Spotlight on Recovery: Staff Profile with Llyndsey Reese
Llyndsey Reese, MSW, Clinical Manager of Adult Residential and Partial Hospitalization Services at Eating Recovery Center, shares her passion for working with the eating disordered population as she says, “I love watching the transformation that can occur when our patients really open their hearts to the recovery process.”
1. What is your role at Eating Recovery Center? (also mention how long you’ve worked for ERC and the different roles you’ve had)
I have been with Eating Recovery Center for over four years and have worked in several roles, across several programs during my time here. My current role at ERC is as Clinical Manager of the Pine Program, helping manage clinical teams who support adults in both residential and partial hospitalization levels of care. Previously, I was a Primary Clinician in the Adult Partial program, and prior to that I was a Milieu Coordinator in Adult Partial and Inpatient programs.
2. What inspired you to become involved in the treatment of eating disorders?
I spent many years working in community mental health prior to Eating Recovery Center. Working with adults with a variety of severe and persistent mental illnesses, I often felt discouraged that my patients did not get the care I felt they deserved. I had heard about ERC in that it was an innovative and well-managed facility, better resourced to provide the care people deserve. Despite the fact that I had very little experience with eating disorders, I was pleased that not only did ERC meet and exceed all of my expectations as an organization, but that I also fell in love with the patients we treat. Specializing in eating disorders has been the best happy-accident of my career!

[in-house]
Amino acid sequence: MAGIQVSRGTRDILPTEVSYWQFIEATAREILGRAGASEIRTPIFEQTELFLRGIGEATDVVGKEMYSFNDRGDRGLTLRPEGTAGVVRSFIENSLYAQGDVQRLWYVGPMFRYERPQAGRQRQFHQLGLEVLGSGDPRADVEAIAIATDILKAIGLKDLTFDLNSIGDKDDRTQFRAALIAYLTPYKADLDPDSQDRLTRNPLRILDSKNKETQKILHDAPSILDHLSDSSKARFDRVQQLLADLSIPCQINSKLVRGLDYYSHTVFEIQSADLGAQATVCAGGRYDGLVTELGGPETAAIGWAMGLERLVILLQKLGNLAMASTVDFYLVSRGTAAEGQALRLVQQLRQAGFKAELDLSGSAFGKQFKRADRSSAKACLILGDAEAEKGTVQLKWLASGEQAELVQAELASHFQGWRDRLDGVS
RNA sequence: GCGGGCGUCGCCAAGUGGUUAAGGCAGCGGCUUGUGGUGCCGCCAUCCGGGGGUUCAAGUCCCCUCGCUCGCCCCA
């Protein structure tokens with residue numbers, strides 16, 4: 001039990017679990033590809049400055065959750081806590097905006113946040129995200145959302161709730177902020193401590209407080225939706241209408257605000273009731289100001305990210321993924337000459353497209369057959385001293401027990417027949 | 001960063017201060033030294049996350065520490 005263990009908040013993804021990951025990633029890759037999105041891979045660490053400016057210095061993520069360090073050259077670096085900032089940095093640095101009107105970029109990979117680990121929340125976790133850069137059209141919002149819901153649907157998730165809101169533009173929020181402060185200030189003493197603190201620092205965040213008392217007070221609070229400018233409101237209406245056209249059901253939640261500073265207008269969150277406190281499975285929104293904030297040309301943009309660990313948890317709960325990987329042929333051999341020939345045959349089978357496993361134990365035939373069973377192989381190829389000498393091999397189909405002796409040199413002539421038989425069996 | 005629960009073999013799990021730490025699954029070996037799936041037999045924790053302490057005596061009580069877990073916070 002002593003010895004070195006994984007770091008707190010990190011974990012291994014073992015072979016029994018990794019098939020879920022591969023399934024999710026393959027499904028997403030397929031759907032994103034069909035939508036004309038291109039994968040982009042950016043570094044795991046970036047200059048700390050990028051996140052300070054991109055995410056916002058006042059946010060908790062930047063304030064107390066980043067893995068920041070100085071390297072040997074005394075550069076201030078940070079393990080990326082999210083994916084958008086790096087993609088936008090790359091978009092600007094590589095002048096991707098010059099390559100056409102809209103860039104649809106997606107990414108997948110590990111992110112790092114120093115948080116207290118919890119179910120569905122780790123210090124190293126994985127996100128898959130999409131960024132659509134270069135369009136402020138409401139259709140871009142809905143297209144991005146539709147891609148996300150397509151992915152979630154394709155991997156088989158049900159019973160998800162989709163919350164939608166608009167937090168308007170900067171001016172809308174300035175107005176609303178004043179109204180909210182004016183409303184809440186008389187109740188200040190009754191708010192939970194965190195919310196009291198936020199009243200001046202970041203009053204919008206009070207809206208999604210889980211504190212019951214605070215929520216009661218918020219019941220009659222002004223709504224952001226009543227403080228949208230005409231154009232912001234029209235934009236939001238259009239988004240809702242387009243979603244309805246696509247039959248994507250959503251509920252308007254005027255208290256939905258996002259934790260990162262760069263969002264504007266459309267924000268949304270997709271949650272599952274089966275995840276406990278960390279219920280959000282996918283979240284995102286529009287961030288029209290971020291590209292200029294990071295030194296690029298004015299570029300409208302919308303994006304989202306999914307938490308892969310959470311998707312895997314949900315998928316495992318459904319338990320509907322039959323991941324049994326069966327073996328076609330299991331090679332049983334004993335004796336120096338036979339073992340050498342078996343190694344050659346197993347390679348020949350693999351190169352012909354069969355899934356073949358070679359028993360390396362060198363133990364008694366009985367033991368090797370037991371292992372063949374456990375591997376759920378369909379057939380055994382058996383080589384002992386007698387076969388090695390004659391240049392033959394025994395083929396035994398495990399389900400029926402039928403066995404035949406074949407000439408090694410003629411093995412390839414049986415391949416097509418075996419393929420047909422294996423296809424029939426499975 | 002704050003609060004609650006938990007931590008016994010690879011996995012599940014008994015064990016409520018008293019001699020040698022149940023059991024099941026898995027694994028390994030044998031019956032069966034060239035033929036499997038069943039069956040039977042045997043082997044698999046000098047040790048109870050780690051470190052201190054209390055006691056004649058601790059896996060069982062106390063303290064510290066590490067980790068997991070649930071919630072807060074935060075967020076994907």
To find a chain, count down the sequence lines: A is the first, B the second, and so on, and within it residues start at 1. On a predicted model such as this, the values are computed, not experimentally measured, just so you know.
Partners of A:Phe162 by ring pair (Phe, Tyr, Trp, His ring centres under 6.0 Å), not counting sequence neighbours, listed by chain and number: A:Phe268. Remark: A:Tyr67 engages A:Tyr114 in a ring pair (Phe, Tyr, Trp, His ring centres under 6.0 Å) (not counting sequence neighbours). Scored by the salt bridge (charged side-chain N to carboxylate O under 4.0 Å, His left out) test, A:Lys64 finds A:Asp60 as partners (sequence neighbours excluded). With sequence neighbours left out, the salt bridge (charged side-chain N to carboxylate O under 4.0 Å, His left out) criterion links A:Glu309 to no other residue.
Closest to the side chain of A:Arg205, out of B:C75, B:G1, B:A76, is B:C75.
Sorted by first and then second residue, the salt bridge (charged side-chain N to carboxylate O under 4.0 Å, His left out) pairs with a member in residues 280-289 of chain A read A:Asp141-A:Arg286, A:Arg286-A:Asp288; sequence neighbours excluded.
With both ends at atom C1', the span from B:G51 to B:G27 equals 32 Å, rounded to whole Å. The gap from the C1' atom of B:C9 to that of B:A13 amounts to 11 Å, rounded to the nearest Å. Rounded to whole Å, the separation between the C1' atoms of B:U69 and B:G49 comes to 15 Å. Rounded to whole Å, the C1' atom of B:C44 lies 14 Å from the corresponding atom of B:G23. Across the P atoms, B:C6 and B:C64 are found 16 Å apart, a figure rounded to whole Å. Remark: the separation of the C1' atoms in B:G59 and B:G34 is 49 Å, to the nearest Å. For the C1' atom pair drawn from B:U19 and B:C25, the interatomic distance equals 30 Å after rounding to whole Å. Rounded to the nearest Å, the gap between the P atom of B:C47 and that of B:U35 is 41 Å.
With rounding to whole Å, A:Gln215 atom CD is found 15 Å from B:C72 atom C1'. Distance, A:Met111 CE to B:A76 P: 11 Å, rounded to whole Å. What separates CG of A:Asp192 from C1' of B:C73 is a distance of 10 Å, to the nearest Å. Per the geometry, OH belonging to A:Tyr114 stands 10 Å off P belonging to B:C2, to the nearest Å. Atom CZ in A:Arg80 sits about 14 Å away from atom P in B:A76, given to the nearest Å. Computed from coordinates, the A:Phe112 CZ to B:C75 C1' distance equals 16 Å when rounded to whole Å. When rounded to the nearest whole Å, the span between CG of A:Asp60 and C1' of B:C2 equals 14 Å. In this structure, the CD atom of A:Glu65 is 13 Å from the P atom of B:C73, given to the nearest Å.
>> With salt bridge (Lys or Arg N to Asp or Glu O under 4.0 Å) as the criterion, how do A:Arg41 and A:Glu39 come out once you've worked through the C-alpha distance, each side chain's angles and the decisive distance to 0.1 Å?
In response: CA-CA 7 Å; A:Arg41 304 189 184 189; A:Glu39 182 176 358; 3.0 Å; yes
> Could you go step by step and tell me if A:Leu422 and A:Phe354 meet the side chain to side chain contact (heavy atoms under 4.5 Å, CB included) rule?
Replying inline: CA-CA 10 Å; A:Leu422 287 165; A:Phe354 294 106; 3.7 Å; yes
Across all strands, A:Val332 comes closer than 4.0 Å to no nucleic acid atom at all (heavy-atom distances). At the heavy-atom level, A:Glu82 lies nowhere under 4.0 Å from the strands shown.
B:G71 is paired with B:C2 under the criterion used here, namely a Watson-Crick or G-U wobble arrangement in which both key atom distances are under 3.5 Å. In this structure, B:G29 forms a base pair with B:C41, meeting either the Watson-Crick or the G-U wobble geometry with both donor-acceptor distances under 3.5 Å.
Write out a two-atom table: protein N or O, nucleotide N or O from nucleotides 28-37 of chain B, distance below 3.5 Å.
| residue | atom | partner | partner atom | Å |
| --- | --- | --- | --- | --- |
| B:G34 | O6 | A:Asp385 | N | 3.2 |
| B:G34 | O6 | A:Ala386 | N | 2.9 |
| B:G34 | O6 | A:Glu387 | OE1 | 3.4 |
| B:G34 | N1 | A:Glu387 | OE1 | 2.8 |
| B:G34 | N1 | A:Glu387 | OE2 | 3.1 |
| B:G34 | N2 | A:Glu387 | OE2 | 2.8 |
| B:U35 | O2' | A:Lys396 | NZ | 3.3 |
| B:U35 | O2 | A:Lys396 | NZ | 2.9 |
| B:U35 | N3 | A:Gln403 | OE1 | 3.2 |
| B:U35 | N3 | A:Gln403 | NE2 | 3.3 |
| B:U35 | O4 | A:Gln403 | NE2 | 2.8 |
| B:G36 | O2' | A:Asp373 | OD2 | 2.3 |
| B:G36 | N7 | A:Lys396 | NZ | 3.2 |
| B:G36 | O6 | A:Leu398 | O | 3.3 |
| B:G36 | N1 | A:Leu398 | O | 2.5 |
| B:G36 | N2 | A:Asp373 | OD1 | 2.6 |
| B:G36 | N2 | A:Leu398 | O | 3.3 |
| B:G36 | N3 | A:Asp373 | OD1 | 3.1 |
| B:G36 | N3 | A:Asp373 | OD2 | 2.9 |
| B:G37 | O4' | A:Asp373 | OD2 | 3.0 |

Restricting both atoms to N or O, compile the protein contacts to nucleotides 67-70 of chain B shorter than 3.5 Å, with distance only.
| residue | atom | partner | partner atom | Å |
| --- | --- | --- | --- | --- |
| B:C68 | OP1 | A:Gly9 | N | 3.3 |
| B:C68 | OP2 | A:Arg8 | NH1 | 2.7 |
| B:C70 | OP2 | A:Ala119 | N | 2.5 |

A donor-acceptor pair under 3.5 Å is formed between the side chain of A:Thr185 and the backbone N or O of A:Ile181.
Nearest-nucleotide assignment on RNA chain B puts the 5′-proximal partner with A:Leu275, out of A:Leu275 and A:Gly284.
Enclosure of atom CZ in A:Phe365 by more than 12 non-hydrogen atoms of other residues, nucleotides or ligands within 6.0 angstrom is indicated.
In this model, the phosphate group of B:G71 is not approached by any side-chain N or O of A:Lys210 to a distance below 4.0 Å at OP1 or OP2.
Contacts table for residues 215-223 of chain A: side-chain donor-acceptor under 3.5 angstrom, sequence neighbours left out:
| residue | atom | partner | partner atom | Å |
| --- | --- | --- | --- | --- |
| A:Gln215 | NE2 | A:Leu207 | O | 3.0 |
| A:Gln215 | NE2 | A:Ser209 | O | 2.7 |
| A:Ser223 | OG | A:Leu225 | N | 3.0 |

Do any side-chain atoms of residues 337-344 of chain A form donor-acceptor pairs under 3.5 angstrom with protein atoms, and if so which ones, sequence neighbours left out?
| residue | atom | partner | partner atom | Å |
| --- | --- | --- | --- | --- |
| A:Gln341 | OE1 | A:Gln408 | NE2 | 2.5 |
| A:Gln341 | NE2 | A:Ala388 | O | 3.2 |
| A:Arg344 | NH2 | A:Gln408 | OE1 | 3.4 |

3. What is your favorite or most rewarding part of your job?
Watching patients’ growth and change throughout their time here. It is incredible to observe the resilience, determination, and strength our patients access that they had no idea they had! I love watching the transformation that can occur when our patients really open their hearts to the recovery process.
4. What is the most challenging part of your job?
Observing first hand, day in and day out, how suffocating and demanding these disorders are. It is truly painful to watch others suffer so profoundly.
5. What is one piece of advice you would give to individuals in recovery?
Be patient and keep going! This process will take more time and energy than you can imagine. Don’t create deadlines or over-focus on time frames as the time it takes to heal is never predictable. Treat your recovery like the most important investment you will ever make. Nothing is more valuable than having a meaningful life so be willing to give recovery all the time it demands.
6. What do you feel Eating Recovery Center offers to support “lasting recovery”?
If patience is one of the most important ingredients to recovery-then the strength of ERC is our willingness to support that. The staff at ERC is of the most competent, compassionate, and capable I have ever known. Your team will ALWAYS be patient with your process-in whatever form it takes for you. This patience extends far beyond your time in care with us. Treatment is only a part of the recovery journey-we are invested in your journey as a whole.
7. Tell us about PHP/IOP. How do you feel PHP/IOP is beneficial in eating disorder recovery, and life after treatment?
I believe PHP and IOP are crucial levels of care providing a high level of education, therapy, medical support, and peer connection while allowing patients greater exposure to the valued life they strive for. It is a great opportunity to access a higher level of individualized care and exposure therapy.
8. Any additional information you would like to share? Interesting helpful tidbits or perspectives to share? Inspiring stories or experiences in working with patients?
My hope is that providers, survivors, support systems and those currently battling eating disorders will use their voice, share their story, or provide education to those who are misinformed about eating disorders . There is a high level of stigma and shame attached to living with an eating disorder. In my experience, shame is one of the most prevalent barriers for people seeking the level of care that they need. Talk to your neighbors, your families, your co-workers and any one else who will listen! Be willing to spread awareness to help minimize shame and secrecy so that someone will be empowered to seek treatment!